AWI / Fields of Activity
Physical and chemical processes in the Earth’s atmosphere, cryosphere and hydrosphere are the main determiners of climate. The research of the climate sciences department focuses on a better understanding of these processes and on assessing the natural climate variability as well as the anthropogenic impact inflicted. The development in the polar regions is what the members of the staff are especially interested in. To improve our understanding of the components of the climate system and their interactions, they follow a twofold approach. On the one hand they operate observational and measurement systems for the Arctic and Antarctic, and on the other hand they push the development, optimization and verification of regional and global coupled climate models. They use research vessels, observatories, aircraft and satellite systems for their observations and are concerned with the development of the ocean, atmosphere, sea ice and ice shields. Process studies to assess small-scale phenomena on short time scales go hand in hand with long-term programmes documenting the development of the polar systems.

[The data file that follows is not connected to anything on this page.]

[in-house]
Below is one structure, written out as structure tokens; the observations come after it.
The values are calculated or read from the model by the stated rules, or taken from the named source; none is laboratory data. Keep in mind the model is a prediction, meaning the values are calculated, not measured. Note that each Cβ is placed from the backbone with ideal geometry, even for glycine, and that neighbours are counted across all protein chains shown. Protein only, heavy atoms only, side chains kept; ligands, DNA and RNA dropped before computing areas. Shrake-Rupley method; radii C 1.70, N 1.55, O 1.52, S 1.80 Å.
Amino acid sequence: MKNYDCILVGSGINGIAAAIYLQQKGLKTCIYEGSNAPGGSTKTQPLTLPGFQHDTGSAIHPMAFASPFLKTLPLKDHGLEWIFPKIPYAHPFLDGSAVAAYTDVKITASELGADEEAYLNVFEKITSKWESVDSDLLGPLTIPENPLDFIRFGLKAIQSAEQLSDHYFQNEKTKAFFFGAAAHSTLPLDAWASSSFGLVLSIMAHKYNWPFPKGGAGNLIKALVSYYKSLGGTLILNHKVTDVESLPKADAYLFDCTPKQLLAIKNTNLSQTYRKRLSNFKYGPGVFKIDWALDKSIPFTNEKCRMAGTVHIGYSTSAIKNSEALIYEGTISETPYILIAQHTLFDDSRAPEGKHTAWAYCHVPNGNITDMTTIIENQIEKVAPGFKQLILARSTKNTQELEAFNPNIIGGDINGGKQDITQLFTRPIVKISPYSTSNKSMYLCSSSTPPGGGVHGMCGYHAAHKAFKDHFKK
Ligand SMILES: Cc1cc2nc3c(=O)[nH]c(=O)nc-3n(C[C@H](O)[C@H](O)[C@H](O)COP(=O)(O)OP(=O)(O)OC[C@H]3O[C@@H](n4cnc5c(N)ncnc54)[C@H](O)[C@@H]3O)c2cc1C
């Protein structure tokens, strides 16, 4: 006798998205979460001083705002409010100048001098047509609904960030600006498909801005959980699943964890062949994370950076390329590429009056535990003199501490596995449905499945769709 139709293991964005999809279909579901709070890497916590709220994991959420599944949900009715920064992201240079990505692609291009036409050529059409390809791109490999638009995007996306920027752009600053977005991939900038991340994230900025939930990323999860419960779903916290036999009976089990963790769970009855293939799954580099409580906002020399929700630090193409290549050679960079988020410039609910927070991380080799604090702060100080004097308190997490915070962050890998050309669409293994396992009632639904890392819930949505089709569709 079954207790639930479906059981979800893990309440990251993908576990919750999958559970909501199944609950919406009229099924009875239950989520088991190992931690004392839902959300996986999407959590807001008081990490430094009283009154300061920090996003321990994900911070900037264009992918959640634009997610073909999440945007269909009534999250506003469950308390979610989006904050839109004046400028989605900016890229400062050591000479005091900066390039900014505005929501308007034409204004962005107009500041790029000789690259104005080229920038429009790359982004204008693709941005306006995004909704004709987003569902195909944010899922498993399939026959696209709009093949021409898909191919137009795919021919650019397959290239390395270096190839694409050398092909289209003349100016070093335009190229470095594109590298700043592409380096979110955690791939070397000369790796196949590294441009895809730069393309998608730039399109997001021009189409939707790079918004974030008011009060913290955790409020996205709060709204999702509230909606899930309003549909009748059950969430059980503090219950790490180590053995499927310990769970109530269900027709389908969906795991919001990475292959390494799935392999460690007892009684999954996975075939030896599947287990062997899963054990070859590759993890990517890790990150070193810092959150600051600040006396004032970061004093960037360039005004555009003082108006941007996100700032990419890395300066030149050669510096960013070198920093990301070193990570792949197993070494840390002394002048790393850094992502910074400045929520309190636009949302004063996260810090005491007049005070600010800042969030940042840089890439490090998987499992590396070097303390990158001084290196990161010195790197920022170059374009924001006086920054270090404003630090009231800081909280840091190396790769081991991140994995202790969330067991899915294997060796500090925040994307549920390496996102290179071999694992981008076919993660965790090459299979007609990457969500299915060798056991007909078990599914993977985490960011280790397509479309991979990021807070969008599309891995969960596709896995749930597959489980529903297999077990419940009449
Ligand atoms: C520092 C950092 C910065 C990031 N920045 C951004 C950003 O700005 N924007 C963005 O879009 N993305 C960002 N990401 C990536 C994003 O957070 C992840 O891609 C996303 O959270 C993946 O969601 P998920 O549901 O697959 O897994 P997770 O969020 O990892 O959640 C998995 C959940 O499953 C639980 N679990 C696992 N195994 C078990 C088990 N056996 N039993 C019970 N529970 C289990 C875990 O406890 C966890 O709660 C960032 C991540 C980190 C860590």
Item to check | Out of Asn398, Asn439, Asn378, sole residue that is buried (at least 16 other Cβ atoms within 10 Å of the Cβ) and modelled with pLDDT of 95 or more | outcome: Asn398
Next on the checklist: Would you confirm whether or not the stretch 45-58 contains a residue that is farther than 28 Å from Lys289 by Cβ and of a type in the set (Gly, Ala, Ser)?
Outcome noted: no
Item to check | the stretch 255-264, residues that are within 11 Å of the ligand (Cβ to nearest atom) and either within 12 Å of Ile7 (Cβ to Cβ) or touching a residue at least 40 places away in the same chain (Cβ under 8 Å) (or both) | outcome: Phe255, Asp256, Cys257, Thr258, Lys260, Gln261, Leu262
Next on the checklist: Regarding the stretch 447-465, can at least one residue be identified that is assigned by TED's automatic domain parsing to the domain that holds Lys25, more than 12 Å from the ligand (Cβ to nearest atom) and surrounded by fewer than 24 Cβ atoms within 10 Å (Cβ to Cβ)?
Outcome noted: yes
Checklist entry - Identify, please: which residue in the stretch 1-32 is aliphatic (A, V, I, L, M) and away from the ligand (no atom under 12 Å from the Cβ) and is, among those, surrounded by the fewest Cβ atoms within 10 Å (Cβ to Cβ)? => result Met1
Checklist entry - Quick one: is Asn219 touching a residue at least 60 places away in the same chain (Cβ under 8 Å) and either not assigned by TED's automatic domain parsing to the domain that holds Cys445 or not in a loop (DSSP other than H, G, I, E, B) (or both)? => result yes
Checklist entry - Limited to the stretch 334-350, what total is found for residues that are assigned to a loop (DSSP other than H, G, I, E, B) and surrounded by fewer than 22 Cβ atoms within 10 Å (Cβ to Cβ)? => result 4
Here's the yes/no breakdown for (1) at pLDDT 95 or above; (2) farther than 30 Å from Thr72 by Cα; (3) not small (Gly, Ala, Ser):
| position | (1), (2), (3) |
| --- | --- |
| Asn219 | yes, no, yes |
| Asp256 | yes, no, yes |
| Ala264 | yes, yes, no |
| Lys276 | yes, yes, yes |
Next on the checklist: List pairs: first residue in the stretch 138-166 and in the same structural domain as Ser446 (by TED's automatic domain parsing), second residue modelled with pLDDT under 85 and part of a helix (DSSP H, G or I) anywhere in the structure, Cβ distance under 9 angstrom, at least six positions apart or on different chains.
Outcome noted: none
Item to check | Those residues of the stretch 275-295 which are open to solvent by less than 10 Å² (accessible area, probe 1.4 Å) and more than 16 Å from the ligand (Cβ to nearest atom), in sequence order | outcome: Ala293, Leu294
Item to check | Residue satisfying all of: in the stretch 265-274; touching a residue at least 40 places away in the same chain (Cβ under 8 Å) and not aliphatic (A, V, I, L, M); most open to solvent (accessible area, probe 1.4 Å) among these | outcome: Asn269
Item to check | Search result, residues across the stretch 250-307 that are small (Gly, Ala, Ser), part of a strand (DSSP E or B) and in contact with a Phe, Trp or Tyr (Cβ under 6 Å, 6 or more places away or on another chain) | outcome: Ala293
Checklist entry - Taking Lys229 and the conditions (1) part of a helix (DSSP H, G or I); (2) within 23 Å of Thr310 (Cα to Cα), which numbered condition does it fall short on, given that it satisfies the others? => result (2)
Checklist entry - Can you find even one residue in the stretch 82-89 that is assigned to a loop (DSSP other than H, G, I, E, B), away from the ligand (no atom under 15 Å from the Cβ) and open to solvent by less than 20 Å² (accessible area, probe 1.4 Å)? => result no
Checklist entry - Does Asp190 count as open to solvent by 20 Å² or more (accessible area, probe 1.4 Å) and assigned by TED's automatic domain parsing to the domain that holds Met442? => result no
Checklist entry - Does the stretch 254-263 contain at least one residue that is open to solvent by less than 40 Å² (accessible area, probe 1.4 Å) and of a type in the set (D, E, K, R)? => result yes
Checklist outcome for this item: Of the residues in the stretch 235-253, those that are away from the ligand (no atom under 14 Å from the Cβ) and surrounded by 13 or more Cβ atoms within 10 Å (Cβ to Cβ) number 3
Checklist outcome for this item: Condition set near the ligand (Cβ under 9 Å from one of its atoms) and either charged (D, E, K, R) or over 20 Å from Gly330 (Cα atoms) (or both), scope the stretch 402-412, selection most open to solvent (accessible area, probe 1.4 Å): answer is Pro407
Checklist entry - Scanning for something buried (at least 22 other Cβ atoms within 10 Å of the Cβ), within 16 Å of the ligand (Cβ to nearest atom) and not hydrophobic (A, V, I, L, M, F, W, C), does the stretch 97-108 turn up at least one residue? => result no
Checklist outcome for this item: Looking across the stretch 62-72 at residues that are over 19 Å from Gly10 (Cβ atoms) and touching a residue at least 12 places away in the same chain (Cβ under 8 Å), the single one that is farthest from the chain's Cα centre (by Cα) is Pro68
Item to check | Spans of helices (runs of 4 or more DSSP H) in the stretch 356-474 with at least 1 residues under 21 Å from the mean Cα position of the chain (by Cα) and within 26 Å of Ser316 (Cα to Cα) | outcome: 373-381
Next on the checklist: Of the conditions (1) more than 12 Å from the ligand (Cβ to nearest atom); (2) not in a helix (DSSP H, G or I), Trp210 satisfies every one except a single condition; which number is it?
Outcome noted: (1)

The current and future climate development is subject to significant change due to the increasing human influence on the climate system. The polar regions are especially affected by this change. The extent and the rate of this change are controversial, however. An improved assessment requires precise knowledge of the natural climate fluctuations, i.e. of periods in which human influence did not play a role. Hence, the major research activities of this section are focussed on reconstructing and understanding the mechanisms and impacts of past global environmental variability related to natural driving forces of climate change. The members of this department achieve this by interpreting climate signatures preserved in marine sediment records.
The interdisciplinary team is studying the cycling of biogenic elements in the marine realm and their relationship to climate oscillations. Their research bridges biological, geological timescales and spatial scales from the organism to a global perspective. Their approach is based on a close interplay between observations and experiments, proxy development, and mathematical modelling.